That recognition was still more than a decade ahead when LaFay graduated from Lawrence Tech and started his professional career with American Colloid Corp., the notable supplier of foundry-grade bentonite for green sand molding materials. Even that engagement he credits to his mentor: “They saw an opportunity to pick up a Dr. Buell protégé, and a Ford intern,” he commented.

At American Colloid, the primary themes of LaFay’s technological expertise began to take shape, as his work centered on “the development of inorganic binders, and that was the subject of some of the early papers I completed, and (as I am still doing today) the use of bentonite for green sand molding.”

LaFay makes the insightful comment that the materials involved in green sand casting have not changed fundamentally since the mid 1970s, but foundries’ expectations have changed and so, necessarily, have the ways they use those materials.

“Look at the minerals business, bentonite, bituminous coal, these are products or materials that have been around a very long time, but we’re learning the different ways to use them better, for new generations of production processes and technology,” he said.

In that era, foundries interest in inorganic binders “was ahead of its time,” he continued. “The organic binder technologies (phenolic urethanes, furans) were the most popular methods of the time, but back in the 1970s people were becoming environmentally conscious. They were looking for alternatives. And if you look at the work being done in Germany now, and somewhat here in the U.S., people are looking at these technologies still. But in the ‘70s, it was brand new. People studying inorganic binders were looking way off into the future.”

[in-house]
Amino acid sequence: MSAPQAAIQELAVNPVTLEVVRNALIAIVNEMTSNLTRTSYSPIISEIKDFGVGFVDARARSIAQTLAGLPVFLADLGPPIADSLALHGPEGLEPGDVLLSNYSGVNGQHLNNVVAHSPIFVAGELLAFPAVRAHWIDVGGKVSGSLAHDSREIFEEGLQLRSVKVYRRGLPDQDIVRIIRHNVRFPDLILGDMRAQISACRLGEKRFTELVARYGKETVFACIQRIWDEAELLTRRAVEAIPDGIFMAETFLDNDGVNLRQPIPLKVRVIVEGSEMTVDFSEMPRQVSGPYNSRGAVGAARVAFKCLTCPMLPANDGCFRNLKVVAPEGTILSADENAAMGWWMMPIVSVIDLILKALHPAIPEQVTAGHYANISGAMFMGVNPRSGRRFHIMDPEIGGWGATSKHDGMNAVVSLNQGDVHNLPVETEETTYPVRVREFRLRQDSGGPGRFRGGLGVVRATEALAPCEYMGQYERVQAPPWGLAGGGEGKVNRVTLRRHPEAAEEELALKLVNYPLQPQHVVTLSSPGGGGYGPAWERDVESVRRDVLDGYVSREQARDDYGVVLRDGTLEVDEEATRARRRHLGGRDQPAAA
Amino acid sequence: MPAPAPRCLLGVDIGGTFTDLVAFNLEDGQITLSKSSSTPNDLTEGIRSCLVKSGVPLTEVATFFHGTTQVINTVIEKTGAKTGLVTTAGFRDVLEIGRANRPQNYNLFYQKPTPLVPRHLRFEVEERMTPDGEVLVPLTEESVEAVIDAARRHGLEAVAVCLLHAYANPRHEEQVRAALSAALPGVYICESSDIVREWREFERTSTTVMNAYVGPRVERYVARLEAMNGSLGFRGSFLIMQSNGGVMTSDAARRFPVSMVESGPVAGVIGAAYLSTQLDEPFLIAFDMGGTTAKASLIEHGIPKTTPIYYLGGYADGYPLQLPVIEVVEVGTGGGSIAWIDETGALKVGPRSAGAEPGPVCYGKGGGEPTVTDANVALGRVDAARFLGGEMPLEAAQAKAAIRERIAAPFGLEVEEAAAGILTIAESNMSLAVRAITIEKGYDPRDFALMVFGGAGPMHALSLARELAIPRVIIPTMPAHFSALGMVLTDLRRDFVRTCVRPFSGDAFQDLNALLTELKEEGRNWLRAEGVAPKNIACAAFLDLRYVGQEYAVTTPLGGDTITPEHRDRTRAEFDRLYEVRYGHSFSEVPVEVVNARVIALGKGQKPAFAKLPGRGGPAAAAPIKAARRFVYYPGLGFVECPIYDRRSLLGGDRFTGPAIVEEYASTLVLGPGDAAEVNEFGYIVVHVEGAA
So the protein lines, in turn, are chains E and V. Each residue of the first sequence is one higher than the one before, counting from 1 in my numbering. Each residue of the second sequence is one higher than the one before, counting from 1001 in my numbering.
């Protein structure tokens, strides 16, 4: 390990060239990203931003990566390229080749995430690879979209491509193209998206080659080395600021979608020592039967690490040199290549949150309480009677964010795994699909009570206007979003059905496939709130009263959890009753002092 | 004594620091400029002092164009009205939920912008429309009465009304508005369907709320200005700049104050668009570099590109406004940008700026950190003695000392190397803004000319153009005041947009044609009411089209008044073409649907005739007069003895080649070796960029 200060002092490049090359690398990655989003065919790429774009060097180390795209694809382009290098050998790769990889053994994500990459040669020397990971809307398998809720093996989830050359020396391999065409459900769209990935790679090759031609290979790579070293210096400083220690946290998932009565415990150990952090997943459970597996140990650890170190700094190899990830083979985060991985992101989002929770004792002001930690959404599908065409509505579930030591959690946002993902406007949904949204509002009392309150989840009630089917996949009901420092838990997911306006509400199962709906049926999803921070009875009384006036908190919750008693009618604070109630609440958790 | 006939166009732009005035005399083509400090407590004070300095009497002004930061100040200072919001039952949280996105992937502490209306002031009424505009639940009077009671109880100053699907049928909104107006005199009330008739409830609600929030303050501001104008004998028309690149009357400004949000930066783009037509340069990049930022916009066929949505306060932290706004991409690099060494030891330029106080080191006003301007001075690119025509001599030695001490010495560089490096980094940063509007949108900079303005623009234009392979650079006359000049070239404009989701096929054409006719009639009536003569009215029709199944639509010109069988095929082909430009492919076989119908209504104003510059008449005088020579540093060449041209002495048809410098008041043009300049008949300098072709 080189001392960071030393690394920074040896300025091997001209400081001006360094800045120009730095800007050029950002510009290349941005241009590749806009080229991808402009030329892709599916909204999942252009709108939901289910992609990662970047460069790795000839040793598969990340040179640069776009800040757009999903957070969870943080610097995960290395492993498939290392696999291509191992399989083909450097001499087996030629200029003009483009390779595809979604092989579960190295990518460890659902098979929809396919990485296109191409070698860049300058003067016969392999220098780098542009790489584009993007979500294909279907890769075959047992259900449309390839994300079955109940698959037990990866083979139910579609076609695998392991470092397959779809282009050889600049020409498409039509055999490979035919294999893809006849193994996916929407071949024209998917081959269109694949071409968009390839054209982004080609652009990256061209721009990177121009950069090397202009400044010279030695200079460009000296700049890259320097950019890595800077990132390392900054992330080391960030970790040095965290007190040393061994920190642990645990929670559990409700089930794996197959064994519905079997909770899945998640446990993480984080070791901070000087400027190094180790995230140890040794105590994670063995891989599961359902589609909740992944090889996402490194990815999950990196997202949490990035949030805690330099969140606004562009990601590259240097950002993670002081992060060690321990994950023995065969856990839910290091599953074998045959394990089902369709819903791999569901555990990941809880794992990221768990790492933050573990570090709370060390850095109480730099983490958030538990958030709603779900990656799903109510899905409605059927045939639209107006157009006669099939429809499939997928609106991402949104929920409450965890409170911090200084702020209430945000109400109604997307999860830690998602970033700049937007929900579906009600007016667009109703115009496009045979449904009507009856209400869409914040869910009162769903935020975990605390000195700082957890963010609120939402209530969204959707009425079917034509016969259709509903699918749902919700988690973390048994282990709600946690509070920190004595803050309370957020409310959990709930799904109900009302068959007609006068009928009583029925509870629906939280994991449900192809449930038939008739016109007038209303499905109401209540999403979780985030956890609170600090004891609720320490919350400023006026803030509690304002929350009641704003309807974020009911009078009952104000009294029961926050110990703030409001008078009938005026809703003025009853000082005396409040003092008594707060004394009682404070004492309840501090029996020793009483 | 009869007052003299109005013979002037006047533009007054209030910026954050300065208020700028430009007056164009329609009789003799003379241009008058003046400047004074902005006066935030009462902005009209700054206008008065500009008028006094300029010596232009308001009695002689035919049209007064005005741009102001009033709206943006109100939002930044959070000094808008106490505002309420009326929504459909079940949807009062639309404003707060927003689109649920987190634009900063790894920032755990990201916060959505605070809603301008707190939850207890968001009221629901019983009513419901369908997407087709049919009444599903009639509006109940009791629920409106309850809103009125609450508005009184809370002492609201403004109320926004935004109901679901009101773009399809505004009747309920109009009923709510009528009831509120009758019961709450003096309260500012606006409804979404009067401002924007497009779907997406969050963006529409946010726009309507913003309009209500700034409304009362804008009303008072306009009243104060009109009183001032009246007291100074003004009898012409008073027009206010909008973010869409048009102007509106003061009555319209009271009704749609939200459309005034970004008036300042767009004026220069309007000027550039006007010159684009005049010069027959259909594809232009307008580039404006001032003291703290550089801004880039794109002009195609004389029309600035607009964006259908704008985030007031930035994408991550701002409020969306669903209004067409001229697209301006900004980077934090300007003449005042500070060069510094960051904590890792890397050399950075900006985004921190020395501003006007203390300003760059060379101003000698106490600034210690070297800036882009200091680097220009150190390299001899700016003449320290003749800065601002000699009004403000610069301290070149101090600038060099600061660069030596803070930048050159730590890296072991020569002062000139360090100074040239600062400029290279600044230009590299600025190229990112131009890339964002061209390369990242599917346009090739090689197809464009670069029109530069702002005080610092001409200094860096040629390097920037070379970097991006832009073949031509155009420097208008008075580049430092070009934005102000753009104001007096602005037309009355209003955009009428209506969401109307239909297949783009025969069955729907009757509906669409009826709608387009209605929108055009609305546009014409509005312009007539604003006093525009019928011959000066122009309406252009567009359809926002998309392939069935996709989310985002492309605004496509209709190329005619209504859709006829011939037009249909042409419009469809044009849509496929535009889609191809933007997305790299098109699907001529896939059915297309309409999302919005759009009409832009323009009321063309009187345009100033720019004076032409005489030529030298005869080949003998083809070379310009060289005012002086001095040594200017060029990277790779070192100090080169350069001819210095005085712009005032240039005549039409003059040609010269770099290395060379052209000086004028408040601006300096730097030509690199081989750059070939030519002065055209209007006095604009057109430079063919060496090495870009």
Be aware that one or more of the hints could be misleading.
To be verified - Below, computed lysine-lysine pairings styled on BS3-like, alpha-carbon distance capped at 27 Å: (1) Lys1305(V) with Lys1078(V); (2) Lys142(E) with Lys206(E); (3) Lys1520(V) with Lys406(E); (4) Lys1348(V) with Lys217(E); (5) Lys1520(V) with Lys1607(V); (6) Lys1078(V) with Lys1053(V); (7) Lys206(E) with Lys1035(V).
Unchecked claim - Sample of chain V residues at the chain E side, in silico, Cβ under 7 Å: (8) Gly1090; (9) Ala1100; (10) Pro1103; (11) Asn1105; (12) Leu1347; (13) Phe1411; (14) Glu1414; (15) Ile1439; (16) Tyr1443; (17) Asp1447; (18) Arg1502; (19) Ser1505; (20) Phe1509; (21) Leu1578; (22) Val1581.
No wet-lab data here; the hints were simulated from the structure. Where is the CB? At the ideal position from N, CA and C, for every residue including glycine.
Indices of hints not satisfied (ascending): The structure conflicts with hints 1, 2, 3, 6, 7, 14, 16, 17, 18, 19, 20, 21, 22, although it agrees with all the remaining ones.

“But,” he continued, “in regard to bentonite, in those days people were in the process of incorporating new molding machines, DISA and Sinto systems, particularly. So foundries had to adapt their more traditional molding technologies, like slingers, to modern molding machines.”

The higher-volume throughput and faster cycle times of those machine continues to be the standard for green sand foundries, the continuing research and ongoing technical development for sand and binder chemistry involves taking those traditional minerals and adapting them to changing molding methodologies. “Today’s machines are producing molds quicker and faster than they’ve ever done before, with higher dimensional tolerances, and that’s all been possible because of all the work done in the 1970s and 80s. And I was lucky to be in on the very early developments of materials needed to operate with those machines,” LaFay said.